Wow, things have been going pretty good with this SMPS project. A lot of things are moving forward. I picked up a cabinet that I can use to house the power supply. I also received the 3 printed circuit board designs back from OSH Park this week and started building the PWM controller, drivers and primary filter board. All of the news is below.
I went down to the surplus shop this week to look for a cabinet to put the power supply in. I had a couple of options, the first was an old Tektronix modular oscilloscope case, it still had all the modules in it, etc, but it was old enough that I wouldn’t have felt bad parting it out. The other option was a cabinet from an Hewlett-Packard 3498A expander system. The HP3489A was about $10 cheaper so I went for that instead at $15. If anyone needs parts from an HP3498A let me know I have some various parts.
Here are some photos of this cabinet.
The paint on the cabinet is really ugly, it’s beige, tan and brown. I’ve cleaned the heck out of the side panels and plan on using a 2 part catalyzing spray paint from Eastwood to paint the cabinet satin black, it should improve it’s looks quite a bit right there.
These boxes have a ton of modules with filters, relays and other things, all gold plated and such, but probably not a lot of gold in total to make them worth stripping down and recovering, but some nice looking boards anyways. If you need parts for your A3498A let me know.
PWM Driver Board
The first board to come in was the PWM driver board. I had paid for priority shipping on it, so even though it was made last, I got it first in the mail. The filter and power boards were done first but came in a couple days after the PWM. Here’s a photo of the bare PWM board with no components on it. It turned out pretty nice, but it’s fairly large so it was expensive to have made, and error would be pretty expensive, though if everything works right, I do have 2 spares now.
I had most of the components I needed to populate the pulse-width modulating driver board. I still need to order some connectors and some bridge rectifiers, but that will have to wait until the end of this coming week unless my HP 5385A Frequency Counter sells on eBay.
This is a double sided board so I was going to have to hand solder some surface mount components anyways, I didn’t bother with the toaster oven reflow and soldered everything by hand, so the board looks less than incredible, but it should be fine.
I’ve installed some 10 turn potentiometers for bench testing as you can see in the upper right hand corner of the board. Once this is put inside of the cabinet they will be connected to potentiometers on the front face of the cabinet as needed. The potentiometers set the idle voltage, current and driver gain.
I also put the fuse holders on the bottom, they were too close to the transformer, and since these are floating at hundreds of volts I chose the safer option and moved them to beneath the board.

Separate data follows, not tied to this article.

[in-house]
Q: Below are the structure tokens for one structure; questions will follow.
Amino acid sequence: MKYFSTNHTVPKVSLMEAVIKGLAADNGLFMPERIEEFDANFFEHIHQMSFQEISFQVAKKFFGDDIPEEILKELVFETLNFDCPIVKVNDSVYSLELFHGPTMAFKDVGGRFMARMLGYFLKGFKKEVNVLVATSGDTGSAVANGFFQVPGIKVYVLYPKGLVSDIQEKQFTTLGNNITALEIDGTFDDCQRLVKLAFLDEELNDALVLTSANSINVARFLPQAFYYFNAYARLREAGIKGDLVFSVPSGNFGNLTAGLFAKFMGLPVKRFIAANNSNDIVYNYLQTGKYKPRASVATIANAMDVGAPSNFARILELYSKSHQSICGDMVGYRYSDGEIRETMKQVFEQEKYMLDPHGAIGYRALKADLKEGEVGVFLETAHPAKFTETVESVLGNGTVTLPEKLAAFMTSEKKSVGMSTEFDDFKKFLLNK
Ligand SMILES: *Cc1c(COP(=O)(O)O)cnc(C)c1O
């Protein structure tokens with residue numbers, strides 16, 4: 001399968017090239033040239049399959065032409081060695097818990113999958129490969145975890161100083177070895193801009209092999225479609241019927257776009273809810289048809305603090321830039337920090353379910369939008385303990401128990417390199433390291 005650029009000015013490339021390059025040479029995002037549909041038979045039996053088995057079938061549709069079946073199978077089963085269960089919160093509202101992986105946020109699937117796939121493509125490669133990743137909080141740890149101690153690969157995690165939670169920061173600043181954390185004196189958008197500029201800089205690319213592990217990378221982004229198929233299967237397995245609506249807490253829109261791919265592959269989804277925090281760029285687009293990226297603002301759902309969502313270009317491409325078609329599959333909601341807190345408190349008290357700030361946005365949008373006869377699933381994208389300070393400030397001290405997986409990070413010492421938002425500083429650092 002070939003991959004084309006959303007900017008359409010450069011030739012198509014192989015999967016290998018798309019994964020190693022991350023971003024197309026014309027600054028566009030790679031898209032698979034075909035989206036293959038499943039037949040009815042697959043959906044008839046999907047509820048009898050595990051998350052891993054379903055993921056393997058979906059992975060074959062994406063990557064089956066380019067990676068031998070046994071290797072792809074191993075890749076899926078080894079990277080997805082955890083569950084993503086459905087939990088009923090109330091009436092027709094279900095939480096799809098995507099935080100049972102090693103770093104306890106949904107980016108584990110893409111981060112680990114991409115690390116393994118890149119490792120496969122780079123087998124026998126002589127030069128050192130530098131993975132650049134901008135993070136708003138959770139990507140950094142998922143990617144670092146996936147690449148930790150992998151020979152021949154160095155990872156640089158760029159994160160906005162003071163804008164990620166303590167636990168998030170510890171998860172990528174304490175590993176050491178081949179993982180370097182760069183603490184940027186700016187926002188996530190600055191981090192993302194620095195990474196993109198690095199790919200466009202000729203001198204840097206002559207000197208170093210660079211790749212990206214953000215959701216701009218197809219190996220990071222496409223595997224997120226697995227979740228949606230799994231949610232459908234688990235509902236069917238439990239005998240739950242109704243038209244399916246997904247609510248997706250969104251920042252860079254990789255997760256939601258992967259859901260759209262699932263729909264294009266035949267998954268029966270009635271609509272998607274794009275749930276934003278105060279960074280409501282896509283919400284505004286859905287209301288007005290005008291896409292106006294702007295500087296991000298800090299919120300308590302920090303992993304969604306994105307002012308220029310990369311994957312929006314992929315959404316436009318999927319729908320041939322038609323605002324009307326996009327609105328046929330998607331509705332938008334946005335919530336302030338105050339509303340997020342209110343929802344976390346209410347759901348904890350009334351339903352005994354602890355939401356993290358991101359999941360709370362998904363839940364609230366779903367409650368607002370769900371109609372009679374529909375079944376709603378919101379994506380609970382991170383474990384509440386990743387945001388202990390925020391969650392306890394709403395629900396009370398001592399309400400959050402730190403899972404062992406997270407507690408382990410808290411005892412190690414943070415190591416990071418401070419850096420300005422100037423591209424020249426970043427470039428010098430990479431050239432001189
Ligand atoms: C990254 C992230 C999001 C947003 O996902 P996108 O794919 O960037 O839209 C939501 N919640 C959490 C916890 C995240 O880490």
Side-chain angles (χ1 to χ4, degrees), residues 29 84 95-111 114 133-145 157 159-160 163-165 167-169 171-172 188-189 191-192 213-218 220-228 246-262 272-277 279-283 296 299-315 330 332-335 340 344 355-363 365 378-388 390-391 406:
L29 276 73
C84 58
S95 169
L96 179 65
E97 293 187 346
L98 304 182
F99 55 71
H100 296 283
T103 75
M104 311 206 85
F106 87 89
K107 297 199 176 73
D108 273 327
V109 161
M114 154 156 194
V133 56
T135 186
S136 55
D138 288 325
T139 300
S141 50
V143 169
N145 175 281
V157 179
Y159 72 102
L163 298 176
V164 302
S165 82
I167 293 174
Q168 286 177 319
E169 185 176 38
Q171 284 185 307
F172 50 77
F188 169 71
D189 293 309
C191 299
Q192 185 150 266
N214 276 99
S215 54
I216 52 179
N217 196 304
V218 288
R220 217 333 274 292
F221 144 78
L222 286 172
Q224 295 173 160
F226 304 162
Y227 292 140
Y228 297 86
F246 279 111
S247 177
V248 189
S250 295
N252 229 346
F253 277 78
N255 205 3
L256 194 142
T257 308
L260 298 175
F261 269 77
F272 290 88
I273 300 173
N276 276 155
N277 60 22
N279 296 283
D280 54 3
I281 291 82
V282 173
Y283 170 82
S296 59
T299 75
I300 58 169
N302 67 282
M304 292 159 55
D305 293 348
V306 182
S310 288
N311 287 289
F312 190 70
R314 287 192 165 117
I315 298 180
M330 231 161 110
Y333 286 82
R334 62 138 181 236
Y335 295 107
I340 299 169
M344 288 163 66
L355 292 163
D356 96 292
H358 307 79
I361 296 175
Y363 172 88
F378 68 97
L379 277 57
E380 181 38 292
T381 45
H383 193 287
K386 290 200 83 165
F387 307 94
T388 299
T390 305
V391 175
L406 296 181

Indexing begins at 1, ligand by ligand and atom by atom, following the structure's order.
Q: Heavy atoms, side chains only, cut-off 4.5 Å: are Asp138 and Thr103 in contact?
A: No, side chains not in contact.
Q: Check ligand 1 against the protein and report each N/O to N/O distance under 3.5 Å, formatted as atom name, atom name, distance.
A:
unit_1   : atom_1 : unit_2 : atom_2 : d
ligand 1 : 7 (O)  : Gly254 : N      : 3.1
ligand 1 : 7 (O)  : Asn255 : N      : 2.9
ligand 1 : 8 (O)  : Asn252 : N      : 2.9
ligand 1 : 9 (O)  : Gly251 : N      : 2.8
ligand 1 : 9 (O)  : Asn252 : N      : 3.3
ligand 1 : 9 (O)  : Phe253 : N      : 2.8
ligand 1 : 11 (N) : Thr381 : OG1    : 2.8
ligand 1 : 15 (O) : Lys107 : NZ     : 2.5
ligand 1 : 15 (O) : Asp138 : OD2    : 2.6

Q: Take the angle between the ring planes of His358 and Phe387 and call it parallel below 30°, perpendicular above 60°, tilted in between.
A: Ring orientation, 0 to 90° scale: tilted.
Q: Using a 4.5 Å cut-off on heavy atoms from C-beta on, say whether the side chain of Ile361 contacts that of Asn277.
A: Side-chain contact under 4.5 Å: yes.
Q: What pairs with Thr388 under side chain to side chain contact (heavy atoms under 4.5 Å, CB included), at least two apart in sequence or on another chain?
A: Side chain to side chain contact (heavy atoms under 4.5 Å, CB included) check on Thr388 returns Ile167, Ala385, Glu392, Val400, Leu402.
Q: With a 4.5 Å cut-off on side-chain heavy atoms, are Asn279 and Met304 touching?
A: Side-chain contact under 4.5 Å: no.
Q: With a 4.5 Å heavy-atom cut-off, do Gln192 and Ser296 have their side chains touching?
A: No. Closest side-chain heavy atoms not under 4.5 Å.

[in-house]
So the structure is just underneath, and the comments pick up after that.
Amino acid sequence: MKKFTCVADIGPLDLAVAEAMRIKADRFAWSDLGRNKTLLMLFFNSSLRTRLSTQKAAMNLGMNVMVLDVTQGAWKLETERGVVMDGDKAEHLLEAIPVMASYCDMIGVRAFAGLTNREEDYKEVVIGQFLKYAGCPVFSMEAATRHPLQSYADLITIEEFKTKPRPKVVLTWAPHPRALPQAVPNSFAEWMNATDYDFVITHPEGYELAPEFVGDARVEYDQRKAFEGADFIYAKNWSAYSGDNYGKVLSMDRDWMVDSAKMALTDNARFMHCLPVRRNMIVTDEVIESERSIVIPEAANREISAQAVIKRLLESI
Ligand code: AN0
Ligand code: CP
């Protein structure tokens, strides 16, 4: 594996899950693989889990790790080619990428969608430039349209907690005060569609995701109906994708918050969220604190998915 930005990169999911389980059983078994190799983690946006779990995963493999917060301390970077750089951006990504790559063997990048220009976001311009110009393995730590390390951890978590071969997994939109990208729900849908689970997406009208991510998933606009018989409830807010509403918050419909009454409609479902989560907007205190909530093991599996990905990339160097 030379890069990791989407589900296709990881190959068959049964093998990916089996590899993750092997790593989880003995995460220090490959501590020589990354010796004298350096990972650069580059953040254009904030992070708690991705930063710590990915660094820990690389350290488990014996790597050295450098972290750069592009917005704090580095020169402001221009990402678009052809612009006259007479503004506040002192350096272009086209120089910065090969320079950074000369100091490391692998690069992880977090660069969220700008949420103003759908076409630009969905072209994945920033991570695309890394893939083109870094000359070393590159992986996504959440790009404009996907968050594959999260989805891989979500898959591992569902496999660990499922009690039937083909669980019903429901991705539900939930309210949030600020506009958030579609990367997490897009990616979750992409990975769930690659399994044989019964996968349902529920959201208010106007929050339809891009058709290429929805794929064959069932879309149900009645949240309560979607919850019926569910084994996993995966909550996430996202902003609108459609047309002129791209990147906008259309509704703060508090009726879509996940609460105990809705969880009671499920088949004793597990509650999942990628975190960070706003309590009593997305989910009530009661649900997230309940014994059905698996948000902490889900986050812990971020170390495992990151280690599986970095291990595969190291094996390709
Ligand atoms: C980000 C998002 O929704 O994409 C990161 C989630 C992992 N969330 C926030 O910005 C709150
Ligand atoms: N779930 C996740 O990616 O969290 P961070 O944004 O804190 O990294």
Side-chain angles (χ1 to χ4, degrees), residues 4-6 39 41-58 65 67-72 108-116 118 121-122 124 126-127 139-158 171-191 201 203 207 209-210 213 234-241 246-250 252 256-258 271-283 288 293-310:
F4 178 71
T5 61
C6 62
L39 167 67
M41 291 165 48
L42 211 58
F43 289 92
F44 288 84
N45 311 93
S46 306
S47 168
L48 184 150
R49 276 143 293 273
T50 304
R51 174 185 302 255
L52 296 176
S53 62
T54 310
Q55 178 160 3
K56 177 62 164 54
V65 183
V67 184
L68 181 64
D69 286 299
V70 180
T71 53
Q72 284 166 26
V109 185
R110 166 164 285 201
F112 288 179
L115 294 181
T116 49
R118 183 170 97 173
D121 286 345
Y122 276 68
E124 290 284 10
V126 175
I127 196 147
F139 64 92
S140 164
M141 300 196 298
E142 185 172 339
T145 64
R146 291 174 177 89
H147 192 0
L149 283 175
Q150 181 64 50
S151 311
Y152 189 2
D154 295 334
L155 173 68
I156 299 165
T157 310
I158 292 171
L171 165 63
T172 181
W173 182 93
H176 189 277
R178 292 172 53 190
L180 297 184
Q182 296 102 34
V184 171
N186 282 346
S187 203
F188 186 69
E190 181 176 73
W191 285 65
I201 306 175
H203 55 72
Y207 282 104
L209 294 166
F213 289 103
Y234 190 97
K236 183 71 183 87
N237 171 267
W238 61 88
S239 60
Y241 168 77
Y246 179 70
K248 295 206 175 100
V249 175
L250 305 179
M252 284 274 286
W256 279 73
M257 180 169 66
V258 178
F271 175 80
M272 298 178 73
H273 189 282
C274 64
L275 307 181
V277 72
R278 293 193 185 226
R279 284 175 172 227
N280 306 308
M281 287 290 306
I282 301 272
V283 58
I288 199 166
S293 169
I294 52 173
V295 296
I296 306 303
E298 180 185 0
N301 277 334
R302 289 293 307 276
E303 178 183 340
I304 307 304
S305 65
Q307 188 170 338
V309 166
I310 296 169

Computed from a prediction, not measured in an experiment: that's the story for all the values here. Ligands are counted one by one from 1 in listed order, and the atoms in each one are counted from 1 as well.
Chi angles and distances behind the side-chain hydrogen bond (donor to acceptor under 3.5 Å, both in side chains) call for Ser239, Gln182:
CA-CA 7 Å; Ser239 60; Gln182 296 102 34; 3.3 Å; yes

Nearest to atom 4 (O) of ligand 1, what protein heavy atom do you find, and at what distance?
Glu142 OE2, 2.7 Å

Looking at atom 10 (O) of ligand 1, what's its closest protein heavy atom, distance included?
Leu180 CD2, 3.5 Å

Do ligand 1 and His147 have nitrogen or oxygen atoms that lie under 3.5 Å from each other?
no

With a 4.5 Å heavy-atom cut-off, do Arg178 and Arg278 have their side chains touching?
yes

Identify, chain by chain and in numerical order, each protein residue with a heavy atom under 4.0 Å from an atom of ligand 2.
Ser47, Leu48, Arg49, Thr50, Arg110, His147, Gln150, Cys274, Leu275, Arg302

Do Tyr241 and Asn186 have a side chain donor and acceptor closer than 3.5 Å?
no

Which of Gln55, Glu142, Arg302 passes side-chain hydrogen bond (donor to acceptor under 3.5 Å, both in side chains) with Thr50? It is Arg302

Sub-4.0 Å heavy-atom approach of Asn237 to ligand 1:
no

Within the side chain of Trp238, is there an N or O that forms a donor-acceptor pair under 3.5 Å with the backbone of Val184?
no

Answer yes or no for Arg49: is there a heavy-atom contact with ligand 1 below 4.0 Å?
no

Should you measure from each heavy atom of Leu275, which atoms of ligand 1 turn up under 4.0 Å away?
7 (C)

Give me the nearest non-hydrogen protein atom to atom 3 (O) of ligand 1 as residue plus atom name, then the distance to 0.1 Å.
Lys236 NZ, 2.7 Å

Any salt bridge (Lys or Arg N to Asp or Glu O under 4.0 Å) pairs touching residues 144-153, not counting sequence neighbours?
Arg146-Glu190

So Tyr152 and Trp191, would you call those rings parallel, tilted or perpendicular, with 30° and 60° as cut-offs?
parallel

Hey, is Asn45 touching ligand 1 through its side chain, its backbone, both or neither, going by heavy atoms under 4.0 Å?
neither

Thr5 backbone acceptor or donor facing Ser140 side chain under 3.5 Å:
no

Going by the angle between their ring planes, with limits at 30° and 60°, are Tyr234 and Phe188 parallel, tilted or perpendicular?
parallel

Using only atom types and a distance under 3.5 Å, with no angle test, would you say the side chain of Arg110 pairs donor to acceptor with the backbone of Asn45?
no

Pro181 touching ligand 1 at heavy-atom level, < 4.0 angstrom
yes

Not much to say about this one that the picture can’t summarize. I designed it without silkscreen over the main area. I just wanted bare exposed copper/gold finish. The boards look good, I had to double check the polarity on the electrolytic capacitor since there are no silkscreen marking in the middle.
I’m still missing the connectors, those will come in next week once I get my next (and hopefully final) order for electronic components taken care of.
Power Driver Boards
This switch mode power supply design is nice in that it’s modular. For each power board used, the PSU can handle around 12-15 amps. I am aiming, initially, to pull about 30 amps peak, so I’ve assembled 2 power driver boards. Each board get’s it’s own large inductor.
The bare boards, like the rest of the stuff I’ve gotten from OSH Park look excellent, and I’m happy with my design decisions I’ve made in the board layout once they show up and I see how things have turned out.
Here are the bare boards
I was able to populate most of the components, but I’m still missing a few connectors, I may bypass the connectors and go with soldering the wires directly to the board. I left the option to do that by adding some extra holes on the board. It would reduce the overall wire length and connector resistance so it may be a good idea.
The diode and the MOSFETs are mounted to the heatsink block with only those steel spring clips. They’re very strong. I got the heatsinks and clips out of another SMPS PSU I found at the surplus shop and stripped down for parts. It’s a little crowded so it’s hard to see everything in there. The fuses also came from the scrapped SMPS. I paid $7 for the board and pulled a nice 37.5 amp current shunt off it, these heatsinks, and 2 high value ceramic fuses which are pretty expensive so I did alright.
I also used high quality new Nichicon electrolytic capacitors on this board and the blue caps are also good brands (Phillips for the big one, EVOX for the smaller ones)
The last thing I’ve done this weekend is to add some flying leads to the inductors, no big deal, but they look nice.
I’ll leave you with a layout of most of the components so far (excluding the laser tube itself) for you to look at, click to enlarge. Thanks for reading, if you like this kind of stuff, please consider sharing it.